But you're right, it was such a relief to decide on one. I finally decided on what I wanted to use it for now and what I might want to do in the future. It has the ability to remove the bead ring and do fusing which I liked. I also liked that I could garage my beads and not reach into a hot kiln.
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Old 02-16-2005, 01:08 PM
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Re: newbie kiln stress is taking over

Here are two more questions...

what's a "three-key digital controller" vs. a "digital controller"?

and what's a bead ring?

My poor brain!
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Old 02-16-2005, 01:16 PM
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Re: newbie kiln stress is taking over

go with the jen ken. you will outgrow these little baby kilns too fast. the jen ken is big enough to do pie plate size fused pieces in.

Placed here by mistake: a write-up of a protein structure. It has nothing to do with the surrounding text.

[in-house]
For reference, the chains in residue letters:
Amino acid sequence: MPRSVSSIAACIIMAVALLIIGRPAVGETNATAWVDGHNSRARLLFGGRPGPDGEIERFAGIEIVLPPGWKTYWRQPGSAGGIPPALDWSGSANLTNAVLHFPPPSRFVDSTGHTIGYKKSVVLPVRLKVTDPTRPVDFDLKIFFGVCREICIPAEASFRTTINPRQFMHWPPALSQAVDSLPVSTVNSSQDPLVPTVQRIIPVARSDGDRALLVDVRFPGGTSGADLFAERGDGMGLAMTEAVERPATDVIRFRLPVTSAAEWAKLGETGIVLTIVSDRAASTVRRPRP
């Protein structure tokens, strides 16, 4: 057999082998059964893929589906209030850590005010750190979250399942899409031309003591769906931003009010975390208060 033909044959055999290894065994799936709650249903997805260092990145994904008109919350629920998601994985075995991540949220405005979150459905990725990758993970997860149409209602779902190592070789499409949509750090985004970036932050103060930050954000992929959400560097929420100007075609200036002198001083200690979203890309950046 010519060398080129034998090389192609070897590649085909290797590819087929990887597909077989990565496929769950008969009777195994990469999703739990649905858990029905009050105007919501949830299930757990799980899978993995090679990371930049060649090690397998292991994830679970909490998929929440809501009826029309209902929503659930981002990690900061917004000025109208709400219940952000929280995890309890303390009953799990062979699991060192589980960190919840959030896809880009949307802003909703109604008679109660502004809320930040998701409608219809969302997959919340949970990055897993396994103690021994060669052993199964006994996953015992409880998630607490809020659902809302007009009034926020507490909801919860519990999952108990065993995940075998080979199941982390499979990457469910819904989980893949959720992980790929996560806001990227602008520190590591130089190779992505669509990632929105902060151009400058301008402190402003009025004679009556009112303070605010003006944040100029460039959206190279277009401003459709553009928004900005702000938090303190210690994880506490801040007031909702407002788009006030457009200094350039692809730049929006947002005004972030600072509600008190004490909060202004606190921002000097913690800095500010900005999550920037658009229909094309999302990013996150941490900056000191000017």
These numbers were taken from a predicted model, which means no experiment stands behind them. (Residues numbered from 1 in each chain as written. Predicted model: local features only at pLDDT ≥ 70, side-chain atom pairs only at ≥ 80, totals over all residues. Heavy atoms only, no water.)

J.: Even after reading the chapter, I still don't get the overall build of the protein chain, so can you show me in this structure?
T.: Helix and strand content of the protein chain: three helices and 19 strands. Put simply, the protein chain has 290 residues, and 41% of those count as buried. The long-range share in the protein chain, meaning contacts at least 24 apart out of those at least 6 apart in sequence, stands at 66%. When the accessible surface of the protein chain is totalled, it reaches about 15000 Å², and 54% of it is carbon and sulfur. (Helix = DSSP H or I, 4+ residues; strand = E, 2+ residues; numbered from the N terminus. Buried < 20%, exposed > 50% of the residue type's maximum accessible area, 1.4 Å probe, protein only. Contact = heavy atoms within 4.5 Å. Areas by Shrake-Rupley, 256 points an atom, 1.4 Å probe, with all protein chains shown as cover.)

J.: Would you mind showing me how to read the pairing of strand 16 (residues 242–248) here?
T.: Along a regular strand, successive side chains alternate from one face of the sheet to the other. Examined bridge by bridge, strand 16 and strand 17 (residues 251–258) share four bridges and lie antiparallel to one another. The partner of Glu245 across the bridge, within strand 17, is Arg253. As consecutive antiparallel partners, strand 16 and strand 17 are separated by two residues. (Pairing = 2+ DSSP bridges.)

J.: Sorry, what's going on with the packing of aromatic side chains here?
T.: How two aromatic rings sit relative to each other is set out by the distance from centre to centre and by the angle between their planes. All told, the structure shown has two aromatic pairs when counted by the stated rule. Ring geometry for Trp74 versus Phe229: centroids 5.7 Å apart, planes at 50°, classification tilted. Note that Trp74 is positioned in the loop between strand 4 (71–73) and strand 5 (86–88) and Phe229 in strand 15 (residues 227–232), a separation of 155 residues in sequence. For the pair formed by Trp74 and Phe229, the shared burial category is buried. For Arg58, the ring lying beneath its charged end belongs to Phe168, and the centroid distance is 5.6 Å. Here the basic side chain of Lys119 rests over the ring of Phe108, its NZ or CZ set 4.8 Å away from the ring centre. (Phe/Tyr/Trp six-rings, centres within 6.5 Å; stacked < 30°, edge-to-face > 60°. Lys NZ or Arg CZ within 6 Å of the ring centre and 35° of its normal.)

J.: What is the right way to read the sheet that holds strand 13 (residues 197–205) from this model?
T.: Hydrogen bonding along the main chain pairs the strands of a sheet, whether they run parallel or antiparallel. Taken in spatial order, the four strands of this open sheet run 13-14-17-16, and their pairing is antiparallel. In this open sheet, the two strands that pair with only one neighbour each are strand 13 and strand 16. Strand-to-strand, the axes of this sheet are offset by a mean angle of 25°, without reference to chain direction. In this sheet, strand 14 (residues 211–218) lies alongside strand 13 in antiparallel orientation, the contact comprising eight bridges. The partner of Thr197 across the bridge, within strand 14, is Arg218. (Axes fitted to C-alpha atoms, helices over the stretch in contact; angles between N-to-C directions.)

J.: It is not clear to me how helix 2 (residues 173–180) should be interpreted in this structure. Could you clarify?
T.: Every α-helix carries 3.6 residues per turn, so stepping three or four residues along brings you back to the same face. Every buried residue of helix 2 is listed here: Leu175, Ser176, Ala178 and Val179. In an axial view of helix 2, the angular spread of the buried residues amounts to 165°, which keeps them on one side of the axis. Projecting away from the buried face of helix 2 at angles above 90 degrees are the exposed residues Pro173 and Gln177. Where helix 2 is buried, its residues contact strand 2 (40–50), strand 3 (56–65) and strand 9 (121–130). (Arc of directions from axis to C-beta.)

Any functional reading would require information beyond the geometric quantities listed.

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Old 02-16-2005, 01:29 PM
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Re: newbie kiln stress is taking over

I'm in the same boat trying to choose a kiln. If you decide to go with a jen-ken I'd choose the 11"/4.5" because the interior is larger than the square one (6" X 6" interior), is less expensive and the digital controller holds more programs. Well those are the reasons I ruled out the square one anyway. Good luck to you finding your perfect kiln. I know it's tough to choose with all the great options out there. I only wish $$$ wasn't an issue for me.
Oh just a side note too. If you buy a kiln from one of those auctions you listed it can take up to 4-6 weeks to be shipped.
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Last edited by Bubbyanne : 02-16-2005 at 01:42 PM.